Europe for Visitors - Home
Home Main Index Site Search

Monemvasia - Laconia - Greece
<< Continued from page 1

Monemvassia and Silver Whisper

ABOVE: The Rock of Monemvasia with a cruise ship, the Silver Whisper, anchored offshore. (The Greek mainland is just to the left of the photo.)


Monemvasia dates back to the 6th Century, when inhabitants of ancient Laconia (now a Greek province) settled on a rock that had been split from the mainland by an earthquake in 375 AD. The rock offered a refuge from the Slavic invaders who dominated much of Greece from about 500 to 700 AD. Over time, Monemvasia developed into a major Byzantine trading port. The Venetians took control in 1464, when they built a massive fortress high above the town. (You can visit the ruined citadel today, if you have the time and endurance for a long hike to the rock's summit.)

In the 15th Century, when the Turks invaded Laconia, the walled enclave of Monemvasia maintained a successful blockade for a hundred years. The Turks finally seized the town in 1540 and held it until 1690, when the Venetians once again took over until possession reverted to the Turks in 1715. Slightly more than a century later, in 1821, Monemvasia was liberated during the Greek War of Independence and the Turkish occupiers were massacred.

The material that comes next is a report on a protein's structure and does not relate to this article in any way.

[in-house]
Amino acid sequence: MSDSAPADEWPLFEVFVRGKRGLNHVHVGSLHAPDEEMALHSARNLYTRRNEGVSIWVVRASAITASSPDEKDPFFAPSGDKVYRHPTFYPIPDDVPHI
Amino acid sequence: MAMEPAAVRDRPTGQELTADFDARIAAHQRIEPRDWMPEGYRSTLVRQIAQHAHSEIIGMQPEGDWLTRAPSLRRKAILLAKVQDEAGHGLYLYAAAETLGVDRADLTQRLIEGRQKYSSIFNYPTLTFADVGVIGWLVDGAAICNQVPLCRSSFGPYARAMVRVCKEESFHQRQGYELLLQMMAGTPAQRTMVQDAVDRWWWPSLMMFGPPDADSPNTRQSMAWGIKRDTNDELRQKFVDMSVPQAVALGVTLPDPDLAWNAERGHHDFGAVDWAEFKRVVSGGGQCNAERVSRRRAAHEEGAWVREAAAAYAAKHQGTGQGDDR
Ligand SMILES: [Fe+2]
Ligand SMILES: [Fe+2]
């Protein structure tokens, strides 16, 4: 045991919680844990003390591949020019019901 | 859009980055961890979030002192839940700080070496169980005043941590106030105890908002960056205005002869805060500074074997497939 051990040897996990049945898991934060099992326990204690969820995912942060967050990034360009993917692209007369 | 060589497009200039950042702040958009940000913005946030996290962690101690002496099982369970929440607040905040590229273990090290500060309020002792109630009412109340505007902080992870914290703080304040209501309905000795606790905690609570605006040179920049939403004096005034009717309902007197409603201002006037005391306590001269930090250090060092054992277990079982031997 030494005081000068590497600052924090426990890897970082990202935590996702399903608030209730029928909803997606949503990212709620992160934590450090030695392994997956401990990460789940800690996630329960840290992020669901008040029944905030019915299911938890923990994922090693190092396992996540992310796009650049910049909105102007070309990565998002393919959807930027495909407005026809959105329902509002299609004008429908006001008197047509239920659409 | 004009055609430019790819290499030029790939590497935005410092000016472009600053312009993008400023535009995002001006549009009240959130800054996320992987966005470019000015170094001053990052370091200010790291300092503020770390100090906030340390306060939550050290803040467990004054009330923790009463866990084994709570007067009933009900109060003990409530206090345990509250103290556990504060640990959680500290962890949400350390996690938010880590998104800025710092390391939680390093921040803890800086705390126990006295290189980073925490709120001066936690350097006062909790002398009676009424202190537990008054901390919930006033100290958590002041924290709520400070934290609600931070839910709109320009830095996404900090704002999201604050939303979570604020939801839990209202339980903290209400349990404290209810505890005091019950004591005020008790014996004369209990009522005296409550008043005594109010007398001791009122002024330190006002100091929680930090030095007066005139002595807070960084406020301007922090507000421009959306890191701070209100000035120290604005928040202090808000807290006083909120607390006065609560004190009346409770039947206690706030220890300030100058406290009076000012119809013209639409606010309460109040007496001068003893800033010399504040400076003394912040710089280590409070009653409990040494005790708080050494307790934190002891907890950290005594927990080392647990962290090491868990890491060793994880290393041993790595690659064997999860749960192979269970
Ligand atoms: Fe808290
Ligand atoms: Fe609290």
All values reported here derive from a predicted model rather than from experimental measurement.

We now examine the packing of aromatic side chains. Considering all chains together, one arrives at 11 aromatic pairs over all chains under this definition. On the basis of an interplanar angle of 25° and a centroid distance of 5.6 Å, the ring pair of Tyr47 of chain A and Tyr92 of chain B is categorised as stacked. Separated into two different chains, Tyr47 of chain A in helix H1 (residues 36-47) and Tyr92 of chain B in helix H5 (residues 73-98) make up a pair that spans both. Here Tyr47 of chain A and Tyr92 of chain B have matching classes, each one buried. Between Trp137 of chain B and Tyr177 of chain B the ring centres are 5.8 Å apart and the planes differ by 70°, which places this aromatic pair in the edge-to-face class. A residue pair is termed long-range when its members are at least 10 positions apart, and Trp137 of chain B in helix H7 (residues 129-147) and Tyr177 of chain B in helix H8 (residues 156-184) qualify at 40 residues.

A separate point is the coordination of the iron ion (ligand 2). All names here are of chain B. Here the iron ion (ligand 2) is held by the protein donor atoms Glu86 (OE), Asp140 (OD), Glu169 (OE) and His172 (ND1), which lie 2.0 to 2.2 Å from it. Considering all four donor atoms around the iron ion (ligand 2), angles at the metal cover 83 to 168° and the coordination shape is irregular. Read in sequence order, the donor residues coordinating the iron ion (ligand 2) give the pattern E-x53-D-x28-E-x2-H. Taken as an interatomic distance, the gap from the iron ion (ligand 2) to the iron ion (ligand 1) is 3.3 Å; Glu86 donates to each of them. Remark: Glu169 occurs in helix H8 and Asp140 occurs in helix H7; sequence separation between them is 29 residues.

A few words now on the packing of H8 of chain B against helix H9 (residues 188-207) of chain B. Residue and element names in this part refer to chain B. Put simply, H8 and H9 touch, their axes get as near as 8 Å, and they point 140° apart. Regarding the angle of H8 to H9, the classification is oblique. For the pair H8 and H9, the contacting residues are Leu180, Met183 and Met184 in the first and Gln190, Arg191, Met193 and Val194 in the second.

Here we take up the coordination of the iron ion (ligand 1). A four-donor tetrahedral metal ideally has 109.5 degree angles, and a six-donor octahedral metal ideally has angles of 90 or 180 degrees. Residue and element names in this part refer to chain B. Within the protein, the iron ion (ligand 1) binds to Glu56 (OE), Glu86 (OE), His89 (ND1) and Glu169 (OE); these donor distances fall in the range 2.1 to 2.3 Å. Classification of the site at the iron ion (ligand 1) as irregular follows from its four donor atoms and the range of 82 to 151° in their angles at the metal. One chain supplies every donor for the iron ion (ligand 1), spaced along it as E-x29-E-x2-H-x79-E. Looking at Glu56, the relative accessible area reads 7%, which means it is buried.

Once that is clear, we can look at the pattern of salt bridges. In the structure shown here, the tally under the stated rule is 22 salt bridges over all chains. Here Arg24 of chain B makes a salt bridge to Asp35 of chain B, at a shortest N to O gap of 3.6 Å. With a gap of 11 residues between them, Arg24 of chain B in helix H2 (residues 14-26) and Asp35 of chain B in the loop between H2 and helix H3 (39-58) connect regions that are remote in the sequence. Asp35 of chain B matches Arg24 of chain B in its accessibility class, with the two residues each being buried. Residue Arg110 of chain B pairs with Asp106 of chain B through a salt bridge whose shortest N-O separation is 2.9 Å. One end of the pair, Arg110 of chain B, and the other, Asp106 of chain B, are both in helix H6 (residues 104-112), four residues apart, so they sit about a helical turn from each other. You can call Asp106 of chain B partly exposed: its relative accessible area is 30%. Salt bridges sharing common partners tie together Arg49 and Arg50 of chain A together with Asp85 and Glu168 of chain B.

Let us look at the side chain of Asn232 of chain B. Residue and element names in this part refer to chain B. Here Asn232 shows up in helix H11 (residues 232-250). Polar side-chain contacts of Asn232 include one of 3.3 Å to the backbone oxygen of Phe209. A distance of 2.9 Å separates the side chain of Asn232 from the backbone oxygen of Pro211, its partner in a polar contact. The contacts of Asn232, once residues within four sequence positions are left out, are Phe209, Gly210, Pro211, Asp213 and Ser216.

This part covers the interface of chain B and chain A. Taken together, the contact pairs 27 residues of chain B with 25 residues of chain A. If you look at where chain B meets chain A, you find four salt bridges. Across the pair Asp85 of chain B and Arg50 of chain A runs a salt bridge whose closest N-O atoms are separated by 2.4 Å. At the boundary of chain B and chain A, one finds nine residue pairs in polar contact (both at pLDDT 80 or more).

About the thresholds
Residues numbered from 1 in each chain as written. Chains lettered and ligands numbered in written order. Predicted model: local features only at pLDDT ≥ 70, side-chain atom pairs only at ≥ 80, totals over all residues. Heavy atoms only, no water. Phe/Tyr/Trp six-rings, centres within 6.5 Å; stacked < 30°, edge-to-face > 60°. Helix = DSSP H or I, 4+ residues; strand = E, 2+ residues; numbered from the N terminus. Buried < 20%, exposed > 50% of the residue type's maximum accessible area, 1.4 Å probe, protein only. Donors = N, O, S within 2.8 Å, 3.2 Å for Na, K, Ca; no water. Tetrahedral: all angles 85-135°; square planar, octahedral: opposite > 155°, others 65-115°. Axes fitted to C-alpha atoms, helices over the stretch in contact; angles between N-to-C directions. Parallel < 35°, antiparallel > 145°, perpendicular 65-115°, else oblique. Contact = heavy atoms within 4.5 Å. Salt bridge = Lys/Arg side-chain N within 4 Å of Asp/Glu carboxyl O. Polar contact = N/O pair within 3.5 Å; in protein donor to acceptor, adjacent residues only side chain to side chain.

The town declined in importance during the 19th and 20th Centuries, and most of its remaining population either left the area or resettled in the small port 2 km away on the mainland (which is now known as Gefira, Yefira, or the port of Monemvasia).

Malmsey wine

An interesting footnote to Monemvasia's history is the town's role in the Malmsey wine trade. Malmsey, a sweet dessert wine made from the Malvasia grape, originated in Monemvasia, which exported large quantities of Malmsey to England in the 15th Century. Today, the name "Malmsey" refers to a type of Portuguese Madeira wine grown from the same grape.

Next page: The town today

"Best of the Web"
- Forbes and The Washington Post

  arrow About Europe for Visitors

Photo (c)

Need a car in Europe?

If you live outside the EU, a tax-free tourist car lease can be cheaper than renting for visits of 21+ days. Minimum driver age is 18, there' s no upper age limit, and rates include insurance.

  arrow  Renault Eurodrive car leases


Traveling by train?

Get free schedules, maps, and guides for 50+ European railroads. (Residents of North and Central America can buy tickets and rail passes online.)

  arrow Rail Europe

Our companion sites:

  arrow Venice for Visitors

  arrow Paris for Visitors

  arrow Rome for Visitors

  arrow Europe for Cruisers